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The backlash over Seattle's plan to reward drug users for staying clean

caption: Darryl Lee lives in the First Hill neighborhood, at Plymouth Housing, which offers supportive housing for people who were chronically homeless.
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Darryl Lee lives in the First Hill neighborhood, at Plymouth Housing, which offers supportive housing for people who were chronically homeless.
David Hyde/KUOW


arryl Lee shifts in his seat and stares down at his lap as he unearths some distant memories of childhood. This isn’t nostalgia. His dad was a “chronic alcoholic” and “abusive.” To escape, his mom moved the family to Seattle from Dallas. Eventually, Lee fell in with the wrong crowd, he said.

“I got addicted to drugs and started going to jail and started being a criminal, and it just snowballed after that,” he said.

Lee has spent most of his life either homeless or incarcerated. These days he’s got a place to live in the First Hill neighborhood, at Plymouth Housing, which offers supportive housing for people who were chronically homeless. But the drugs have taken a toll, and he’s still using.

Lee said he once overdosed on meth and fentanyl. Paramedics were able to save his life using Narcan. But he worries about what could happen next time.

Overdose deaths soared 72% in the city last year, mostly due to meth and fentanyl. Seattle city leaders including Mayor Bruce Harrell say more needs to be done.

That’s why they’re backing a new drug treatment program called “contingency management.”

It involves rewarding people with gift cards or prizes for not using drugs. The idea has been around for decades but is controversial and hasn’t been widely used, partly because there is resistance to the idea of rewarding people struggling with addiction.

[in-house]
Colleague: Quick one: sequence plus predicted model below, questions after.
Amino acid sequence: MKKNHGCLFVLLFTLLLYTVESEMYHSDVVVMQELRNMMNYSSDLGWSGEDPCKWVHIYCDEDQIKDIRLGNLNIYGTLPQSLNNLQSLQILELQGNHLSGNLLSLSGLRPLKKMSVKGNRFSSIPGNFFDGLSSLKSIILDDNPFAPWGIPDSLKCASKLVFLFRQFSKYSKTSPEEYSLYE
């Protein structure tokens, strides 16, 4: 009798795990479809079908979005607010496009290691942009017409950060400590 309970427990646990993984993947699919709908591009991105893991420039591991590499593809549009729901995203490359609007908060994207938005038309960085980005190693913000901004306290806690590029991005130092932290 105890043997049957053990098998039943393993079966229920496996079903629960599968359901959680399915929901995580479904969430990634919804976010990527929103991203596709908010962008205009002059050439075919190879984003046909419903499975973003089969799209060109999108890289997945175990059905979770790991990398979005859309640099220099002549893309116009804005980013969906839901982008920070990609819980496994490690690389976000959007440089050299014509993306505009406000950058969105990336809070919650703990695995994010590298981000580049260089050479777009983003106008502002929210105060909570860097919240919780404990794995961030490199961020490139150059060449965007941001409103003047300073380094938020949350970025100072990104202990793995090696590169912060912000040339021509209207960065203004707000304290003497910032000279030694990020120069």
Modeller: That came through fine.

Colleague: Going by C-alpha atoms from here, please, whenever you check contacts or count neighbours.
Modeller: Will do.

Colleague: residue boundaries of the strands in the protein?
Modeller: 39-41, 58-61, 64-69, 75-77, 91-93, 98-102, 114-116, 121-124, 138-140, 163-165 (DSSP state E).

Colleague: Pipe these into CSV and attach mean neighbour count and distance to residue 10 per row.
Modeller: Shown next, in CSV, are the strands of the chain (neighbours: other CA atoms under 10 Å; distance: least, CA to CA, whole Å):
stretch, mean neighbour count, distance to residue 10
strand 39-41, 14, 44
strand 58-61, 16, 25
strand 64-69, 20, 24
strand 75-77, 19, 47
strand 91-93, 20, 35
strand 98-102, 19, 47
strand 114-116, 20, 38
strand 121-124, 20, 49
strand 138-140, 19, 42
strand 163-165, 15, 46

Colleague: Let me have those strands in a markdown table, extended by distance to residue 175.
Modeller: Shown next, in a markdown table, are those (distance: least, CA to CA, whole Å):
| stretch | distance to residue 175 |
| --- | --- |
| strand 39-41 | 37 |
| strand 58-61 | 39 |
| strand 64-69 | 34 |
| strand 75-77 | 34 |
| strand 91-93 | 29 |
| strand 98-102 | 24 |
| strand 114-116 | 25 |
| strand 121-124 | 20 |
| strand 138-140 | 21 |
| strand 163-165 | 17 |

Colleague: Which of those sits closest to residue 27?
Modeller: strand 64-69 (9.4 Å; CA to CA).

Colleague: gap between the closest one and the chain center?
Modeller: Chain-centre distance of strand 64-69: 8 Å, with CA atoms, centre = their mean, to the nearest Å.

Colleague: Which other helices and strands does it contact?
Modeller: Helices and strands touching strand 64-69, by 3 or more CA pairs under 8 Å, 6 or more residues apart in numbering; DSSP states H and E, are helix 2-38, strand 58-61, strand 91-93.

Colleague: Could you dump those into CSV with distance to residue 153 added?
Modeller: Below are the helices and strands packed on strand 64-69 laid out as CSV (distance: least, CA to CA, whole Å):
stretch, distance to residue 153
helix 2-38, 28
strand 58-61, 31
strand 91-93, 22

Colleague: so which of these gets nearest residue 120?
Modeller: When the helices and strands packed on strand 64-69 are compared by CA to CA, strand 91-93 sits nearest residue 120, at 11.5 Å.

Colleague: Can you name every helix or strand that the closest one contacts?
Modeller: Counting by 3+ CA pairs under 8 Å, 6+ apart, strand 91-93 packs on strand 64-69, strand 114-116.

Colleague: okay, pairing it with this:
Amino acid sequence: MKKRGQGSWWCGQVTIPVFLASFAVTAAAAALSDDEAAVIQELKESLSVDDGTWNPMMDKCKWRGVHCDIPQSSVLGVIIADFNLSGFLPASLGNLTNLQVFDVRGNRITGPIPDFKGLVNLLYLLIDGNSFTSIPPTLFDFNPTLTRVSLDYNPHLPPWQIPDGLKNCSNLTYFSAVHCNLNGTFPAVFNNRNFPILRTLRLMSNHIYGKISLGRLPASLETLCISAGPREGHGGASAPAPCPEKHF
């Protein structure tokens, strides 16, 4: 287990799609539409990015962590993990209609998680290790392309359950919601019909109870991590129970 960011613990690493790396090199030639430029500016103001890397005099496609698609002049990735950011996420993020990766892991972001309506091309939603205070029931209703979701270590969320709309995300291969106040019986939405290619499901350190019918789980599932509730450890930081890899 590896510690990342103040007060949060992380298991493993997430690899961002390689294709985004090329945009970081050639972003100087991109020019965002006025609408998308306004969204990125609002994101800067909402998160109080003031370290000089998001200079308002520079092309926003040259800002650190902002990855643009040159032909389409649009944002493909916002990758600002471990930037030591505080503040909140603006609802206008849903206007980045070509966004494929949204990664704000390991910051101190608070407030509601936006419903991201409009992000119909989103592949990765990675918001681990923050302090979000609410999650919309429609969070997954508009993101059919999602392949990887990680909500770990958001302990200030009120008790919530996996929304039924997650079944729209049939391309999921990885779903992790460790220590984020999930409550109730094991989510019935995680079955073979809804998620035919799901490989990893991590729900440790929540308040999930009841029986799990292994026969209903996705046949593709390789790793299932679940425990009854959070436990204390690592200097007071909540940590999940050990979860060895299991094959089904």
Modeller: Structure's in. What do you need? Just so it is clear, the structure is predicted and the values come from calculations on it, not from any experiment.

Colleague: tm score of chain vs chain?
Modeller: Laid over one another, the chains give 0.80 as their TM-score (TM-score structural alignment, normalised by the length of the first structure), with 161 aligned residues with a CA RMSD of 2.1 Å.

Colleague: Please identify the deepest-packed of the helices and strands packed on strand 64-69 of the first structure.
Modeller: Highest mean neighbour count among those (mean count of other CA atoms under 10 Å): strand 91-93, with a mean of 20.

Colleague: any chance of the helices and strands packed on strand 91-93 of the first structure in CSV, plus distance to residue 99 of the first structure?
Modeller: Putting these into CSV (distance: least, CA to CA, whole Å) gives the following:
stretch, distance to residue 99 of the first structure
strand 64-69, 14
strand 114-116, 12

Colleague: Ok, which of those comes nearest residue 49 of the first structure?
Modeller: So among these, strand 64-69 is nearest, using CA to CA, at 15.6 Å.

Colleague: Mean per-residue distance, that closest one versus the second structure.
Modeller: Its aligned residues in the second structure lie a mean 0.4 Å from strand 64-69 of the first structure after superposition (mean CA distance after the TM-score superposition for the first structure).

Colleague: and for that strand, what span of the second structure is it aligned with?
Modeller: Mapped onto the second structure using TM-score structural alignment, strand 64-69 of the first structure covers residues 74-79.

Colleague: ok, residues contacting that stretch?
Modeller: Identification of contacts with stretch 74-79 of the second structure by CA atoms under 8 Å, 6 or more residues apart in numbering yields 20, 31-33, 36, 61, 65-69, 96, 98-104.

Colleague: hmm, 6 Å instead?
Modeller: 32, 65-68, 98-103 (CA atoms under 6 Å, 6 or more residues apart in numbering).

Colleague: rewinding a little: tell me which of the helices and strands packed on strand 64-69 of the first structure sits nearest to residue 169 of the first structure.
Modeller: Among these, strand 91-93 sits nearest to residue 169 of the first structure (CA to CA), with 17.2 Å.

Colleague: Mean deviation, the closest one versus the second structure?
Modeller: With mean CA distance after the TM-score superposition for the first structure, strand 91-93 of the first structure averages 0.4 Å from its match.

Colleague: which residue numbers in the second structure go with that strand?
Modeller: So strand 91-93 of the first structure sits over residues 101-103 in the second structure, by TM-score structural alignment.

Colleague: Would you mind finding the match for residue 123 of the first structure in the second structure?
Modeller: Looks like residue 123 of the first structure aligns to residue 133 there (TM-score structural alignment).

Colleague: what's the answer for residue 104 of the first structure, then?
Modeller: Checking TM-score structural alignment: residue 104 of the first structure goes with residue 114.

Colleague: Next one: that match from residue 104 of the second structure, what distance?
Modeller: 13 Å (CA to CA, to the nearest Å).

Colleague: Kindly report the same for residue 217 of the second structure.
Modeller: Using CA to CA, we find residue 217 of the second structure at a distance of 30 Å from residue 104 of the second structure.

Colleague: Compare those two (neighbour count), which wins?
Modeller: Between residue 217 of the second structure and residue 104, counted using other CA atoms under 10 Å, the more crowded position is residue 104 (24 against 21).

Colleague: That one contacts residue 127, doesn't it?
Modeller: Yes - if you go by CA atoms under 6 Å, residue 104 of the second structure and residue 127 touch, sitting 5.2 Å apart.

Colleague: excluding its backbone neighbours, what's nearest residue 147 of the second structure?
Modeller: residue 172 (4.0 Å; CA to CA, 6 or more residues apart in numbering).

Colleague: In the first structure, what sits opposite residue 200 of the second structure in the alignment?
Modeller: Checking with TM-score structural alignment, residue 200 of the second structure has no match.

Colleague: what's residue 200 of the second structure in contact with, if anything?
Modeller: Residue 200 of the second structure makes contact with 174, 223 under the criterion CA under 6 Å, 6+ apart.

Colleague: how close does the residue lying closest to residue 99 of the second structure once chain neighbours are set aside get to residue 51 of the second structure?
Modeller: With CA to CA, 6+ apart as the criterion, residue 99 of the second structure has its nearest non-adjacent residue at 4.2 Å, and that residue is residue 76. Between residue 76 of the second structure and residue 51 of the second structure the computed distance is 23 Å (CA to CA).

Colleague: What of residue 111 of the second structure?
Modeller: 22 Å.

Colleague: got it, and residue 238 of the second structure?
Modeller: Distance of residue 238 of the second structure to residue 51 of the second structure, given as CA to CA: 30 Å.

But researchers say the method is effective and may help people like Lee get into recovery. Studies have shown that rewards programs can work for many different types of addiction.

Over 80% of studies found contingency management worked to reduce the use of stimulants like meth, for example, according to one recent meta-analysis.

“If contingency management was a medication, it would have been FDA approved 30 years ago,” said Professor Michael McDonell of Washington State University, who studies contingency management and is helping lead a new statewide pilot program.

Seattle’s pilot is a part of that. It will launch later this year at Plymouth Housing, where Lee lives. An $800,000 grant from the Washington State Health Care Authority will fund the Seattle arm of the program.

Other sites that will take part in the pilot include hospitals and clinics in Klickitat County and Grays Harbor County.

But Seattle’s program is the only one happening in a residential setting. The hope is that it can help people like Lee where they live, without requiring participants to make it to appointments offsite.

McDonell said Washington is one of only three states, including Montana and California, that are starting to use contingency management. One reason why it's been slow to gain acceptance is the stigma against drug addiction.

“The idea of paying someone to not use drugs feels unpalatable,” explained Denise Walker, an expert in addictive behaviors at the University of Washington. Whereas most experts these days consider substance use a “learned behavior,” in the past the public and even health care providers tended to view addiction more as a “moral failure” or “personality disorder,” she said.

One study found many health care workers were hesitant to implement contingency management partly for that reason.

Even some former drug users who work in the field of recovery balk at the idea of contingency management. “I didn't get paid to stop using drugs. Why should this person get paid to stop using drugs?” the thinking goes, according to McDonnell.